Beginning October 7th, the new Christopher Queen Gallery will be having a show with a very interesting concept. If you’ve ever visited their website, you would have seem that they show many Early California painters. For this show the gallery asked us participating artists to create a piece of art based on an inspiring piece of Early California artwork. The new artwork and the one which inspired it will be showing side-by-side. The reception is October 7th and the show will be up for a few months. It’s really interesting to see how literal some people interpreted the paintings and how far others loosely interpreted their chosen piece.
•When I was in Monterey(more accurately, Marina Dunes), I hiked around the area to gather reference for the painting I chose to do. As I was exploring the area, I found myself in a “bowl” created by the valley of the dunes. When you look east you can see the Salinas Valley and the Hollister Hills. Looking west you will see the vast Pacific Ocean. I think I took a risk with the format and composition of these, especially with the “Looking East” one. I’ll leave it to you to decide whether or not it was successful, but I’m proud of myself for not taking the safe route.
•This painting is meant to be the “little sister” to the larger painting by Robert Van Vorst Sewell. Even though the gallery doesn’t have a ton of figurative works, I wanted to take on a painting that I could showcase my skills in this regard. It let me play with the of my favorite subjects: females, patterns and profiles. The Sewell is about 3 feet high, and this painting is a mere 12 inches.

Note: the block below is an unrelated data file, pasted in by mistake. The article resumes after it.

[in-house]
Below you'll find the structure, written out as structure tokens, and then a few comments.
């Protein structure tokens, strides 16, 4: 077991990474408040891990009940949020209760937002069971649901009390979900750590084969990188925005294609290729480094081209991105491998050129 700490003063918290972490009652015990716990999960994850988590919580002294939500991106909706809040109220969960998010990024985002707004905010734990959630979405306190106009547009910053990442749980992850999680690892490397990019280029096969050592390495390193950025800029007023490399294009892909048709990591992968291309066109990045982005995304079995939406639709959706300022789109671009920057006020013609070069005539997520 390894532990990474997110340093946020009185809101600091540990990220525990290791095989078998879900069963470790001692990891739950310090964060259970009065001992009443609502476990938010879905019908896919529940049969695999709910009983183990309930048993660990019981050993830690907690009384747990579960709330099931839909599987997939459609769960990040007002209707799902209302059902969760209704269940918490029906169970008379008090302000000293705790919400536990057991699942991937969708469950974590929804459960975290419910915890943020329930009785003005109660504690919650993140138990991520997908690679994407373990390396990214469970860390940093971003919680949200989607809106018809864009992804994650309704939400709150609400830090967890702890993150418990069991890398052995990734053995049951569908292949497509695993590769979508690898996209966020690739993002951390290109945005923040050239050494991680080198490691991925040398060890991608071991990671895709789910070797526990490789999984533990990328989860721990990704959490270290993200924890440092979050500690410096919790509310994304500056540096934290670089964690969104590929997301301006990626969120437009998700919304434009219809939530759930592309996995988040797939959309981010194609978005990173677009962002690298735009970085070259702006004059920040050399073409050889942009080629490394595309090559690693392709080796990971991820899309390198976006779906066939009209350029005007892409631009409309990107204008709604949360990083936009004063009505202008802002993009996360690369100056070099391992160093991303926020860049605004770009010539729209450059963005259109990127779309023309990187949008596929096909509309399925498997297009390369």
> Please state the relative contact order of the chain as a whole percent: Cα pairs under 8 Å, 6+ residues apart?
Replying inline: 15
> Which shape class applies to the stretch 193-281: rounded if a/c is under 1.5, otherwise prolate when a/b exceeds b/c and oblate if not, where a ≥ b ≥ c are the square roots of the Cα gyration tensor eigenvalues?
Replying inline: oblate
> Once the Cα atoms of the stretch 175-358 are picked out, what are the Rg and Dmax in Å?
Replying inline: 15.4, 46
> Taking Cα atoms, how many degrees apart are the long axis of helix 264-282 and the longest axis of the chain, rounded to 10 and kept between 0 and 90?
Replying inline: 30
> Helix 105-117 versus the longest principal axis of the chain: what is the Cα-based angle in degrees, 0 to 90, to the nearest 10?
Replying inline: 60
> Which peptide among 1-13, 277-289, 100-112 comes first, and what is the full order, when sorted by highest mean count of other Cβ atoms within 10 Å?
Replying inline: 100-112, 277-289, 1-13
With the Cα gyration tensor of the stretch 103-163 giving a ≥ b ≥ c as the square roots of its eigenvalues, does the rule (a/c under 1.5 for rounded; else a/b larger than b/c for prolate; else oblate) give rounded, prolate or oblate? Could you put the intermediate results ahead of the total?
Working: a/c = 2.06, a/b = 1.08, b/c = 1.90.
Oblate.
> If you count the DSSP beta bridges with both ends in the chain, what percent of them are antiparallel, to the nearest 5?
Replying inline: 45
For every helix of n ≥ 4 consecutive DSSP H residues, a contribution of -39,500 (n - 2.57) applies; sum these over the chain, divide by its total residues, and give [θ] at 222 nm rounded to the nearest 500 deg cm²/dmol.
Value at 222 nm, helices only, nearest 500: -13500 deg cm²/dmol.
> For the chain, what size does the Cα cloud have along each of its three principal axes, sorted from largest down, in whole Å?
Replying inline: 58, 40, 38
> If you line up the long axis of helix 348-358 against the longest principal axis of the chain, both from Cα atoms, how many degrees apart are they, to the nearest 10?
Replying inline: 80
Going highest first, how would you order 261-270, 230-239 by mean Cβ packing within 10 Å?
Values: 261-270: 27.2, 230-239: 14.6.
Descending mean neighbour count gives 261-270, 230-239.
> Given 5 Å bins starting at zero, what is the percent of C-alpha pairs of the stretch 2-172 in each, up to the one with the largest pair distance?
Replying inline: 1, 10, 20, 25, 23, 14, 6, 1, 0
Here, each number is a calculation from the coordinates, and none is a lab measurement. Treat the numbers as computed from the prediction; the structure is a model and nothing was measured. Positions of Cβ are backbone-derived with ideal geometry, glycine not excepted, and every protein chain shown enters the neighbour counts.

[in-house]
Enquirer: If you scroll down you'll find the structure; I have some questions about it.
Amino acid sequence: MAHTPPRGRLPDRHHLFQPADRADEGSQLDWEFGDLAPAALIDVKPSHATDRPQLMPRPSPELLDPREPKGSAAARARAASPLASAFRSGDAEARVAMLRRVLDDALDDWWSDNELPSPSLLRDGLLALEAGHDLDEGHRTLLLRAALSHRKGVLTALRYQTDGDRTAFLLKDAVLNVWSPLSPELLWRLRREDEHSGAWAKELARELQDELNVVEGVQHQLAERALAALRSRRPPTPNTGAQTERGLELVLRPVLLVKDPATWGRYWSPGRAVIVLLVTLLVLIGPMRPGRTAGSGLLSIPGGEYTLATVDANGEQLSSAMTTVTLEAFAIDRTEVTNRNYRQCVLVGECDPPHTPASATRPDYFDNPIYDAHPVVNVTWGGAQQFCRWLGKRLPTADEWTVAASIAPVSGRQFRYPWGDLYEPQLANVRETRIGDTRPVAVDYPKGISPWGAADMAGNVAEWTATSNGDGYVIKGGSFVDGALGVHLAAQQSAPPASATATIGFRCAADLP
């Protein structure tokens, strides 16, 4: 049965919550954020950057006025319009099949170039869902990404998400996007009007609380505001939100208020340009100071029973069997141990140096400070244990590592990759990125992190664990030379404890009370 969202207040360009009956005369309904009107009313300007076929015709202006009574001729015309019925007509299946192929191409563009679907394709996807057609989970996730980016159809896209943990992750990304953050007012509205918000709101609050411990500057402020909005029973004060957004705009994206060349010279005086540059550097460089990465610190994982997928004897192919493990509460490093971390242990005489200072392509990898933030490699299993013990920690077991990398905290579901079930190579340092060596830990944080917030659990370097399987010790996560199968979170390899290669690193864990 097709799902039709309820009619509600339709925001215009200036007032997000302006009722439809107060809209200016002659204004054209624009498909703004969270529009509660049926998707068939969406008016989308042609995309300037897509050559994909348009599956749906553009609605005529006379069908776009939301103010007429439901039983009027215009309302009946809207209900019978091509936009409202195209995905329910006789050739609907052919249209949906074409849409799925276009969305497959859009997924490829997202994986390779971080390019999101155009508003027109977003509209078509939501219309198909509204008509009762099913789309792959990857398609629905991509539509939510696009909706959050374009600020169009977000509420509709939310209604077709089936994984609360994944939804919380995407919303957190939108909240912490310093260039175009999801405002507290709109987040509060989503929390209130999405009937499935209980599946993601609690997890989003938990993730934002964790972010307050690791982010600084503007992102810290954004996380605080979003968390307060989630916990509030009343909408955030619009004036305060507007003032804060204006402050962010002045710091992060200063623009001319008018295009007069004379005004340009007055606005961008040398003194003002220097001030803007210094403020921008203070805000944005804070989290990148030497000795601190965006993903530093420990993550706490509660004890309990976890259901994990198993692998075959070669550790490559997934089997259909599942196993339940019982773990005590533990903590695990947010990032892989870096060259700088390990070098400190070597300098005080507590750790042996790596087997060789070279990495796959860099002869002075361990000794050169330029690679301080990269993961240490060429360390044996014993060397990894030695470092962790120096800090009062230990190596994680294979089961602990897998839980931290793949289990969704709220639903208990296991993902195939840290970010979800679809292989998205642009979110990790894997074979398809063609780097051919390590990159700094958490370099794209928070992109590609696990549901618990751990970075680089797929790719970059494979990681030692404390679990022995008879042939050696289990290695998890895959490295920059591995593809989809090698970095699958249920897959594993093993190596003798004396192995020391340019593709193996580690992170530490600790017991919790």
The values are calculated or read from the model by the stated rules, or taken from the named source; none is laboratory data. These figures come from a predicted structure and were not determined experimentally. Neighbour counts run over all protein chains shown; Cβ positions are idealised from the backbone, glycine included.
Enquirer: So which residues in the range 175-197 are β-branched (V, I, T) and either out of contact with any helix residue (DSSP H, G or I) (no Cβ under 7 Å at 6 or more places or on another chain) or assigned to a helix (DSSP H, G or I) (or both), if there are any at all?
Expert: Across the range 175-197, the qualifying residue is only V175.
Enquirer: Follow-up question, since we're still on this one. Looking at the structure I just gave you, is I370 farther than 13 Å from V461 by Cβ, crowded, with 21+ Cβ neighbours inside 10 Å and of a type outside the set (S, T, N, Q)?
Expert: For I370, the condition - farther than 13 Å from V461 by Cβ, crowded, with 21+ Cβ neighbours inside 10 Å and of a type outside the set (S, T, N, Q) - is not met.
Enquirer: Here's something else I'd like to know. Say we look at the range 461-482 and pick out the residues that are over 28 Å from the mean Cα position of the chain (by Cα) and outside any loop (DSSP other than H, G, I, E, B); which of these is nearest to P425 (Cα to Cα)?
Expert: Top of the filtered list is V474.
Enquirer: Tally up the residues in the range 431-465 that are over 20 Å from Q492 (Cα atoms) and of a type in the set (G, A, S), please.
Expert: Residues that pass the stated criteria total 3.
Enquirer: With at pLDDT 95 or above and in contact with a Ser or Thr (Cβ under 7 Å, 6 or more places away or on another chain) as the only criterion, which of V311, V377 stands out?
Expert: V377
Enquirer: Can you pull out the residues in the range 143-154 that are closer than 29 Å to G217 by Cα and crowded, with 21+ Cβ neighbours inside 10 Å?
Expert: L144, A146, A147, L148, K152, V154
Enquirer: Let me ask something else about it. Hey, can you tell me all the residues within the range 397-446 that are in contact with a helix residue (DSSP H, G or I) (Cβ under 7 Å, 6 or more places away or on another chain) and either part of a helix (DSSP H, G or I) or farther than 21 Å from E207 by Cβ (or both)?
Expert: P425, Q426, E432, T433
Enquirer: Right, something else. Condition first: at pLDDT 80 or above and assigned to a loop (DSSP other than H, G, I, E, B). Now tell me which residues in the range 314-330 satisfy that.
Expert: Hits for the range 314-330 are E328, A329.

•This painting was inspired by the way the mysterious darkness of the Jonnevold painting and the beautifully designed curves of the trees. Out of all the paintings, I learned the most by doing this one. In the early stages of this painting (the plein air part of it) I had broken up the silhouette too much and put too many skyholes in the mass of trees. This broke up the design needlessly. Darkening the skyholes and simplifying the silhouette improved this painting immensely, and I probably would have not thought to do this without referring to the Jonnevold.
I’m really looking forward to this show and I hope some of you get to experience it for yourselves!
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